Chapter 1 Notes
Chapter 1 Notes POLS 1101
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This 11 page Class Notes was uploaded by Kyla Brinkley on Monday September 7, 2015. The Class Notes belongs to POLS 1101 at University of Georgia taught by Ryan Bakker in Summer 2015. Since its upload, it has received 375 views. For similar materials see American Government in Political Science at University of Georgia.
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Date Created: 09/07/15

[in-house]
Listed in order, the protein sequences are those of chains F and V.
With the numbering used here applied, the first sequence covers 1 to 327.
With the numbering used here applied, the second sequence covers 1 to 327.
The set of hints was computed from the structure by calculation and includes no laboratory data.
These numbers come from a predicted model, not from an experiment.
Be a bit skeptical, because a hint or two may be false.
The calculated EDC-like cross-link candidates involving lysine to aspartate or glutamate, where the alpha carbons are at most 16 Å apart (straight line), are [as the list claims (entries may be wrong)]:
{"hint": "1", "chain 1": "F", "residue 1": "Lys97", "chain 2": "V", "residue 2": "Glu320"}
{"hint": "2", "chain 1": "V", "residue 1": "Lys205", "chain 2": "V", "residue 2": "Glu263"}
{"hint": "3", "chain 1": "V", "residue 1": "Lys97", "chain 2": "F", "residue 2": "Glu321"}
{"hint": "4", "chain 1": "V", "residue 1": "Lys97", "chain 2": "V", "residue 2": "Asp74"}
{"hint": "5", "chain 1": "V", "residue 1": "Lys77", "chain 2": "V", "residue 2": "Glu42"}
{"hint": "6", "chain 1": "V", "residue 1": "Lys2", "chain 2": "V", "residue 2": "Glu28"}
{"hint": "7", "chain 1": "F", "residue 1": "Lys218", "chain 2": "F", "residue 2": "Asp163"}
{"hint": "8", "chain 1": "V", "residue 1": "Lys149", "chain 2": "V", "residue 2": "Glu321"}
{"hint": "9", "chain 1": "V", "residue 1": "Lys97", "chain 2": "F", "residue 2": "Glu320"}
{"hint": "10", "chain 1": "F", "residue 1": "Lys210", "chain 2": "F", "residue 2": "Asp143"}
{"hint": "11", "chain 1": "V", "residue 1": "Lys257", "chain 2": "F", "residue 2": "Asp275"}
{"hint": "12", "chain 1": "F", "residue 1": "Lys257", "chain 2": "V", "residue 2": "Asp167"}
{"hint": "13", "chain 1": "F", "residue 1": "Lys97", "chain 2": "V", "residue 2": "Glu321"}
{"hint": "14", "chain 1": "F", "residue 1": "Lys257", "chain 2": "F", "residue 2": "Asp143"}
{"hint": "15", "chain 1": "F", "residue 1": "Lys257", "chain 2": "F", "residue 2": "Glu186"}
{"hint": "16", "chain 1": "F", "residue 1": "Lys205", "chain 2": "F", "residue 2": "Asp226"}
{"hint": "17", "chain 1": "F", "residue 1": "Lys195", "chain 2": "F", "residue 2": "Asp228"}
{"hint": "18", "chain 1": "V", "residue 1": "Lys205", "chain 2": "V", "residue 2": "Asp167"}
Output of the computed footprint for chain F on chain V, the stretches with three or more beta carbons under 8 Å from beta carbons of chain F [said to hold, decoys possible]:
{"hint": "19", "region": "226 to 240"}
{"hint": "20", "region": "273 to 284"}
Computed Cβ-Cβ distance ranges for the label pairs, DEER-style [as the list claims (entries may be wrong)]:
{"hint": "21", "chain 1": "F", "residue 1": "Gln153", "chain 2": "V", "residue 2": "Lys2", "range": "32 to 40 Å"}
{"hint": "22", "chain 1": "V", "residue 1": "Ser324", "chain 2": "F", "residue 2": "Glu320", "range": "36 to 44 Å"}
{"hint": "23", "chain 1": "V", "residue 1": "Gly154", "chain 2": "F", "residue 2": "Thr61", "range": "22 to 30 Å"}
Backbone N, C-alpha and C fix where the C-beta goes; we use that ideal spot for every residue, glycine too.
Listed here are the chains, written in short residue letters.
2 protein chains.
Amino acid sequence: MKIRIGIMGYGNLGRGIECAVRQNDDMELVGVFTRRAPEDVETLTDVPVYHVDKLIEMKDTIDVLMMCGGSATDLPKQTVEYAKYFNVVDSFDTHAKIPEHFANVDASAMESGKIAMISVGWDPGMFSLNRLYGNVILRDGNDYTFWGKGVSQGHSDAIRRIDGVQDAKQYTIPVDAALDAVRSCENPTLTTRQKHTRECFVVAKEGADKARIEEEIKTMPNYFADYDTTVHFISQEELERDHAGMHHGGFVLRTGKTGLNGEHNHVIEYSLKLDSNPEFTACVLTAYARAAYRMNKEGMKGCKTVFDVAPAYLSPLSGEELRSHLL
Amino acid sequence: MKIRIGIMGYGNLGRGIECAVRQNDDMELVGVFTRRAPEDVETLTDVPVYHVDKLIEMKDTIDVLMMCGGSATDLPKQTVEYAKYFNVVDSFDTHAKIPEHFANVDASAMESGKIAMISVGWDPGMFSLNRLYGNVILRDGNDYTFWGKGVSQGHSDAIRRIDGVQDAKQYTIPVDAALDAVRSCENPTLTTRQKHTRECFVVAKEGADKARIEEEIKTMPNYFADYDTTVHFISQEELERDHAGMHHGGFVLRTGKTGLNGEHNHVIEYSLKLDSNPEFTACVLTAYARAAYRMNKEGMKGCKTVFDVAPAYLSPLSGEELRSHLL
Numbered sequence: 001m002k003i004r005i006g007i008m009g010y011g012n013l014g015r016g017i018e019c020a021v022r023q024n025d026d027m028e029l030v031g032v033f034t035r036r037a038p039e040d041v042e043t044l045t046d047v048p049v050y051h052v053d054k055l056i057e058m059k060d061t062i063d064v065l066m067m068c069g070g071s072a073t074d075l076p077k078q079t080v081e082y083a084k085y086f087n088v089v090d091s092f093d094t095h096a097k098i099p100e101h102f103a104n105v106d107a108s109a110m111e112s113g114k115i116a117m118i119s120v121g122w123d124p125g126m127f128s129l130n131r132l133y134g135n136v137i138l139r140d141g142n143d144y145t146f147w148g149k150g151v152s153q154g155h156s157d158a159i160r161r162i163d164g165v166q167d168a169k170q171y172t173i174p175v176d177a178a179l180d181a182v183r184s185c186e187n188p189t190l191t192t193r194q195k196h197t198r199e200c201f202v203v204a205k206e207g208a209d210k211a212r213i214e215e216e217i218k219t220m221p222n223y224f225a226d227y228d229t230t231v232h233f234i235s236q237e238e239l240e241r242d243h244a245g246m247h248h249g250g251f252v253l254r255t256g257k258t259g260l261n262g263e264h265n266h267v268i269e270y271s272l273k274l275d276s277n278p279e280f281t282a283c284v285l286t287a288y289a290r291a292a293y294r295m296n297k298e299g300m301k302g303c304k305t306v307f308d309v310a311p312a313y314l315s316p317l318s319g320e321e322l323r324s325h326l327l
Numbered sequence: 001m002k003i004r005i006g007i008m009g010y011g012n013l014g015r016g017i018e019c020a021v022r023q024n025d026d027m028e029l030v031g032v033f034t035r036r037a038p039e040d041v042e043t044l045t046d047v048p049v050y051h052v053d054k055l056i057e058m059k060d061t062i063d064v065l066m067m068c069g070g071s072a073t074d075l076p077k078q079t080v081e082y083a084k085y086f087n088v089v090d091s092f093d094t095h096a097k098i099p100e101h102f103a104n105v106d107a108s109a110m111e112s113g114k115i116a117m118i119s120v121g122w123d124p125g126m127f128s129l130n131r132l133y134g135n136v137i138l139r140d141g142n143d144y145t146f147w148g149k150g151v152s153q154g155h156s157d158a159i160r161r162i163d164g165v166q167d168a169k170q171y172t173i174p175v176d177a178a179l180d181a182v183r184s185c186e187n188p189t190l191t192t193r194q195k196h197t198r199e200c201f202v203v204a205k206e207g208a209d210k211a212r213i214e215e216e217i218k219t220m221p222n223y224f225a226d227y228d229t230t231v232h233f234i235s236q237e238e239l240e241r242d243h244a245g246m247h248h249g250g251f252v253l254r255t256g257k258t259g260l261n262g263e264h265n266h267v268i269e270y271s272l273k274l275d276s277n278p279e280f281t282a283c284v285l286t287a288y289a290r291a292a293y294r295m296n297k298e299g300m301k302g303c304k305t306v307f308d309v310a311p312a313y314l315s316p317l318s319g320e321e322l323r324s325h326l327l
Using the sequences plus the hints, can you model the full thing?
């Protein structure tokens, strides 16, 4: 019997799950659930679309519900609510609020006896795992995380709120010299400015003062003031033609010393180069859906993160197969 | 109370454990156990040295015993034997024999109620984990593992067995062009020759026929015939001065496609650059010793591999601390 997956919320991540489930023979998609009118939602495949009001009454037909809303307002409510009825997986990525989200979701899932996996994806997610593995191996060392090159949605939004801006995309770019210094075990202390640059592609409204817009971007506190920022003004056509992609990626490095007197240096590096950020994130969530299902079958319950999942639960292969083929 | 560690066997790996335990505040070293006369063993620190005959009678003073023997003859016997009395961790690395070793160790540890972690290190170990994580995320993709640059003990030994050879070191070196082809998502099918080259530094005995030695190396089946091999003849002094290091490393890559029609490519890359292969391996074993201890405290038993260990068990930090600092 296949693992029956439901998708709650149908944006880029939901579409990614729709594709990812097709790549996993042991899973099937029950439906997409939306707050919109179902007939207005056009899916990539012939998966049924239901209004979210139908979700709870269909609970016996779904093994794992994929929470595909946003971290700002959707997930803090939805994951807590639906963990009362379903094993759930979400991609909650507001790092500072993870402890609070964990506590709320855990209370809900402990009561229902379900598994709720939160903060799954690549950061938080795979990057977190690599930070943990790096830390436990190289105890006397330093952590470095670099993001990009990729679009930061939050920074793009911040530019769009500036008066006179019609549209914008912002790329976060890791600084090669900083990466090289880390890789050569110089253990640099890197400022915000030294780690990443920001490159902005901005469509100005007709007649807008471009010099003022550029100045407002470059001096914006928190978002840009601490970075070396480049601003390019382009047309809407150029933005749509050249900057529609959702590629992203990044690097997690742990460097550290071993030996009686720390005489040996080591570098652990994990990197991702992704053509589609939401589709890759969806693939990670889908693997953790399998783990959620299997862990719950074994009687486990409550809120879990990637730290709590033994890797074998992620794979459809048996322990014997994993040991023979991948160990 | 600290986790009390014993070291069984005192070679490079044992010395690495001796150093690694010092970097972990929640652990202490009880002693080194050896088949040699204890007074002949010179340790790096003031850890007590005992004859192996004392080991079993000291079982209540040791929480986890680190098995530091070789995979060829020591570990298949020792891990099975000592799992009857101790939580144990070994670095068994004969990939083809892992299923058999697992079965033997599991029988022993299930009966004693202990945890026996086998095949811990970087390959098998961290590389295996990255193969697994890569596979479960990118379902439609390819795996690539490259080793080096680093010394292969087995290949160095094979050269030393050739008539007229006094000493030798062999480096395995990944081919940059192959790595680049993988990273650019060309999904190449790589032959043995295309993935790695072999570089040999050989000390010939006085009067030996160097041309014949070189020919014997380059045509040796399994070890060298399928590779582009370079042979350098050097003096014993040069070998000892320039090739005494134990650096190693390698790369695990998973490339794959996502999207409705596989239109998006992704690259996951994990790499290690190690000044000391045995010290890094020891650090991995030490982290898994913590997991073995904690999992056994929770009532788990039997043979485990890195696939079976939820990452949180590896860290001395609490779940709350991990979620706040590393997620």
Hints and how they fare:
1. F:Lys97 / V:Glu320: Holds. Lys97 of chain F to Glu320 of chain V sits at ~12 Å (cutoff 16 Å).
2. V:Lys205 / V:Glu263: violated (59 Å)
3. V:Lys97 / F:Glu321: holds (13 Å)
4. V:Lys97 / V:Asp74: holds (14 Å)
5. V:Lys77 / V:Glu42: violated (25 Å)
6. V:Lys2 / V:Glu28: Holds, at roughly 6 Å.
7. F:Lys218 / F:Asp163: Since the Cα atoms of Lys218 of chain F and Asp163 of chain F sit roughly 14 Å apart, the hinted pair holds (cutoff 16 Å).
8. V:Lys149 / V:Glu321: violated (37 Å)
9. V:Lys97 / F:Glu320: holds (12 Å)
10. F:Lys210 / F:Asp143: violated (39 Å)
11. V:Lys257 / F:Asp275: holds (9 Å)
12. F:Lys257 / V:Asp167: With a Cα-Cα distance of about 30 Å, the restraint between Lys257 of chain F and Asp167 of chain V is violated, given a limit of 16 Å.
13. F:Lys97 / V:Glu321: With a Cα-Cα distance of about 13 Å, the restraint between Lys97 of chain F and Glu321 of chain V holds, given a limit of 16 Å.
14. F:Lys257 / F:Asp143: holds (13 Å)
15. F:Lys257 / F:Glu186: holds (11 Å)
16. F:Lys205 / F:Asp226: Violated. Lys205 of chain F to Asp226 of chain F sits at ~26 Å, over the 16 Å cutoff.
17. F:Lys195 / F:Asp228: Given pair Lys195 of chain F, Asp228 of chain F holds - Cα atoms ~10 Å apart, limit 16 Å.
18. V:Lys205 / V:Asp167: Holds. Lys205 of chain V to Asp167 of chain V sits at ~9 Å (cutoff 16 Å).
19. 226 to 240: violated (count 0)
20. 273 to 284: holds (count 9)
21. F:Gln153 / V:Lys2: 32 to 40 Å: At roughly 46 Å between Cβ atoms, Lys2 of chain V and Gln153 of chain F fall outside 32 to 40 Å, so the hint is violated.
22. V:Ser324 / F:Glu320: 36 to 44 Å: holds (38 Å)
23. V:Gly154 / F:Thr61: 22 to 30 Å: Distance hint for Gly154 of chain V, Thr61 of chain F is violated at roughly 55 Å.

Kyla Brinkley POLS 1101 Notes Fall 2015 Bakker Chapter 1 The Logic of American Politics a Politics the process through which individuals and groups reach agreement on a course of common or collective action even as they disagree on the intended goals of that ac on i Solution requires parties to cooperate Bargaining used when issues are simple and participants knowtrust each other i Usually ends in compromise a settlement in which each side concedes some preferences to secure others Preferences givens that must be reconciled if they are to agree to some common course of action i May reflect economic situation religious values ethnic identity etc ii Reflect valued interest not just self interest don t always expect to directly benefit The Importance of Institutional Design i More complex issues can t be resolved by unstructured nego a on ii When sides conclude that politics won t work turn to war iii You can count on political institutions to manage potential conflicts Constitutions and Governments i Rules amp procedures go by different names but purpose is the same to guide an organization s members in making essentially political decisions 1 decisions in which participants initially disagree about what they want the organization to do ii constitution of a nation establishes its governing institutions and the set of rules and procedures these institutions must amp must not follow to reach and enforce collective agreements 1 Can be a highly formal written doc or an informal unwritten understanding iii Government consists of these institutions and the legally prescribed process for making and enforcing collective agreements 1 Monarchy 2 Representative democracy 3 Theocracy 4 Dictatorship iv Authority vs Power 1 Gov institutions consist of offices that confer on their occupants specific authority and responsibilities 2 Authority the acknowledged right to make a particular decision 3 Power refers to an officeholder s actual influence with other officeholders and as a consequence over the government s actions v Institutional durability 1 Institutions tend to be stable and resist change 2 Authority assigned to the office not person holding the office a So institution persists even when the people in it are replaced 3 People who are affected by them make plants expecting that current arrangements will remain 4 Even those who seek change find it hard to agree on a proposed alternative 5 Sometimes institutions reform to perform more efficiently 6 Other times reforms enable institutions to accomplish new collective goals vi The Political System s Logic 1 Quality of democracy in American reflects quality of governing institutions 2 Fundamental belief that government must protect certain individual liberties even when a majority of the public insists otherwise f Collective Action Problems i Collective action the efforts of a group to reach amp implement agreements 1 Challenges participants to figure out what to dohow to do it ii Barriers to collective action 1 Coordination problems members of the group must decide individually what they want what they are prepared to contribute amp how to coordinate their efforts with others a b C increase with the size of a group when number of participants is really big coordination generally impossible society delegates rule to small group of politicians focal point some prominent cue that helps individuals recognize the preferences of others with whom they want to cooperate i social networks offer levels of focal point coordination coordination problems essentially arise from uncertainty and insufficient information and may prevent collective undertakings even when a great majority agrees on a course of ac on 2 Prisoner s dilemma arises whenever individuals decide that even though they support some collective undertaking they are personally better off pursuing an activity that rewards them individually even if it hurts the collective effort a Only when each party is confident that the other will live up to an agreement can they successfully break out of the dilemma and work to their mutual advantage Every successful political exchange must solve the prisoner s dilemma Unless participants in a collective decision can trust each other to abide by their commitments they will not achieve a mutually profitable exchange To make both cooperate make reneging and defection expensive i Or create institutions that help parties discover opportunities to profit through cooperation and guarantee that commitments are honored Without confidence that agreements will be enforced the political process quickly unravels Hobbes 1651 Leviathan examined straits to which society is reduced when gov is unable to enforce collective obligations amp agreements In American politics constituencies and their representatives cooperate to achieve their separate goals i Because institutions have developed to help diverse constituencies discover opportunities for mutual gain through cooperation and deter them from backing out on their agreements Some issues don t offer mutual gains though i One party s gain other party s loss ii Politics can break down and give way to force war iii Ex abortion policy slavery extension into territories civil war Freerider problem form of prisoner s dilemma that afflicts large groups i Each person s contribution is small so they are tempted to defect from the agreement by withholding a contribution to the group s undertaking while enjoying the benefits of the collective e on ii Ex slacking in group projects iii Arises whenever citizens recognize that their small contribution to the collective enterprise won t affect its success or failure iv If to many people do this some will fail 1 Ex if nobody does group project you all fail v Governments solve these issues with sanctions and sometimes force 1 Ex we pay taxes because of IRS j The tragedy of the commons concentrates on individuals costless consumption of a public good the commons that results in its destruction i A large of participants encourages each to renege on contributions to the public good ii The good already exists and will be destroyed if its exploitation is not controlled iii Ex pollutionclean air if almost everyone buys an electric car it reduces pollution but if one person doesn t he still gets to enjoy the clean air BUT if nobody buys an electric car we all suffer from pollution iv To avoid tragedy of commons proper institutional design 1 Decision to squander or conserve resources must be made to affect each participant s personal welfare v Regulation limiting access to the common resource amp monitoringpenalizing those who violate vi Privatizing conserve the commons by converting it from a collective good to a private good g The Costs of Collective Action Collective action offers a group benefits its members can t achieve on their own Key to successful collective action lies in designing a system that achieves the benefits of a collective effort while minimizing costs Overhead costs cost of enforcing agreements government s effort to combat free riding Transaction costs the time effort and resources required to make collective decisions L Can be barrier to political agreements Increase with of participants a All want something different With well designed institutions agreements easier to make a Ex electing a committee streamlining rules amp procedures Sometimes high transaction costs are intentionally put in place to make some collective activities more difficult a Ex high transaction costs to change the Constitution 23 vote Congress and 3A1 of states v Conformity costs to the extent collective decisions obligate participants to do something they prefer not to 1 pop collective decisions you agree to but don t want a ex have to pay taxes on some gov programs we oppose people prefer minimum conformity costs institutions that minimize transaction costs may impose high conformity costs a ex dictator who decides national policy himself minimal transaction costs but makes everyone do what he wants high conformity costs b opposite a gov that does everything by consensus won t do everything unless everyone agrees gov reform occurs within a narrow range of trade offs between transaction amp conformity costs a gov more efficient and decisive when transaction costs reduced b tradeoff used in dividing branches of US gov h Designing Institutions for Collective Action The Framers Tool Kit lf citizens fear that gov might intrude too much in their private lives might want to add high transaction costs and require consensus to make collective decisions ii Command the authority of one actor to dictate the actions of another 1 Authority to impose a solution regardless of the 2 3 iii Veto preferences of others Reduces transaction costs Increases conformity costs the right of an official or institution to say no to a proposal from another official or institution 1 2 3 4 5 iv Agen lmposes view regardless of preference of others Less effective negative action that preserves the status quo Congress can enact a vetoed bill without pres Endorsement with 23 vote in each chamber Supreme court judicial review overturn public laws it sees as unconstitutional Greater of veto holders higher transaction costs da control gain both positive and negative influence over collective decisions the right of an actor to set choices for others 1 2 3 4 5 Legislation Proposed regulations etc positive can introduce a choice to the collectivity who decides to accept or reject it limits choices available to the collective House members accept high conformity costs because in the absence of agenda control the transaction costs would be too much v Voting Rules 1 Majority rule embodies democratic principle of political equality Equality requires that each citizen s vote carries the same weight and offers all citizens the same opportunity a Simple majority 12 plus 1 b Governments controlled by popular majorities are less likely to engage in tyranny impose very high conformity costs than dictatorships Checks and balancesseparation of power term lengths A majority of the Electoral College is required to elect pres but winner doesn t have to have majority of popular vote 2 3 Plurality rule the candidate receiving the most votes regardless of whether the plurality reaches a majority decides winners a Preferred by states Supermajority a majority larger than a simple 51 majority which is required for extraordinary legislative actions like amending the Constitution a Ex in the senate 60 votes are needed to stop a filibuster vi Delegation when individuals or groups authorize someone to make amp implement decisions for them 1 When we vote we are delegating decision making to the presidential candidate 2 The House delegates legislation to committees 3 Principals those who possess decisionmaking authority many delegate their authority to agents who exercise it on behalf of the principals a Ex president hiring staff to do what he needs Delegation is so pervasive because it addresses common collective action problems Majorities may sometimes find it desirable politically to delegate decisions Almost all enforcement authority the key to solving prisoner s dilemmas involves delegation to a policing agent a Ex IRS Delegations solves some problems but causes others a Agency loss discrepancy between what a principal would ideally like its agents to do and what they actually do i Different goals ii Principal wants agents to be diligentask for little iii Agents want to be generously compensated for little effort iv Some agents even exploit their advantage Representative Government i Modern democracies blend delegation with majority rule to form representative government ii Direct democracy citizens participate directly in collective decision making 1 Small communitiesorgs iii Majority rule vs the Republic 1 Republic designed to allow some degree of popular control and also avoid tyranny a Voters elect their representatives but these representatives are constrained in following the majority s dictates 2 Parliamentary government lodges decisive authority in a popularly elected legislature whose actions aren t subject to the same severe checks by executive and judicial vetoes a Legislature elects a team of executives cabinet one of whose members serves as the premier or prime minister b Promotes majority rule because the political party that controls the legislature controls the execu ve c Able to forgo higher transaction costs embedded in US constitution s separation of powers iv Politicians specialize in discovering collective enterprises that unite citizens with different values amp interests 1 Assemble coalitions combinations of unlike minded interests who nonetheless agree for their own distinct reasons to a common course of action public servants Every time a politician compromises defers to a colleague or decides not to resist certain defeat on an issue she knowingly or unknowingly is behaving strategically 4 The American political system demands strategic behavior because of distribution of authority 9 The Work of Government i Private goods things pe0ple buy and consume themselves in a marketplace that supplies these goods according to the demand for them 1 Ex house car clothes food ii Public goods everyone participates in supplying ex through tax dollars and everyone can freely consume 1 Ex freeways 2 Citizens look to government to provide positive public goods a Ex national defense legal system public parks b Prevent or correct negative public goods i Ex pollution laws protecting endangered species c Advantages of gov i Has sufficient resources to do expensive projects ie tax dollars ii Has coercive authority to prevent free riding 1 Ex tax deductions for charity to promote collective goods iii Collective goods mixed goods collectively produced amp freely available for anyone s consumption k Mitigating Popular Passions i Framers had to solve early US collective action problems 1 People were free riding politicians didn t honor commitments 2 Designed new government to minimize conformity costs and increasing transaction costs Separation of powers Staggered legislative terms Unelected judiciary Limited national authority 9301 FOR REVIEW The Framers Tool Kit Desin Princile Definin Feature Command Authority to dictate others actions Authority to block a proposal or stop an action Authority to place proposals before others for their decision Agenda Control Preventing proposals from being considered Rules prescribing who votes and min of votes required to accept a proposal or elect candidate Delegation Authority to assign an agent responsibility to act on your behaH Voting Rules of the US Senate Voting Rules Motion Exam le President s authority President s veto Senate confirmation of presidential appointments Judicial review Congress presenting enrolled bill to president Congressional committees recommendations to full chamber Supreme court decisions Electoral college Selection of speaker of House Representation bureaucracy Voting Rule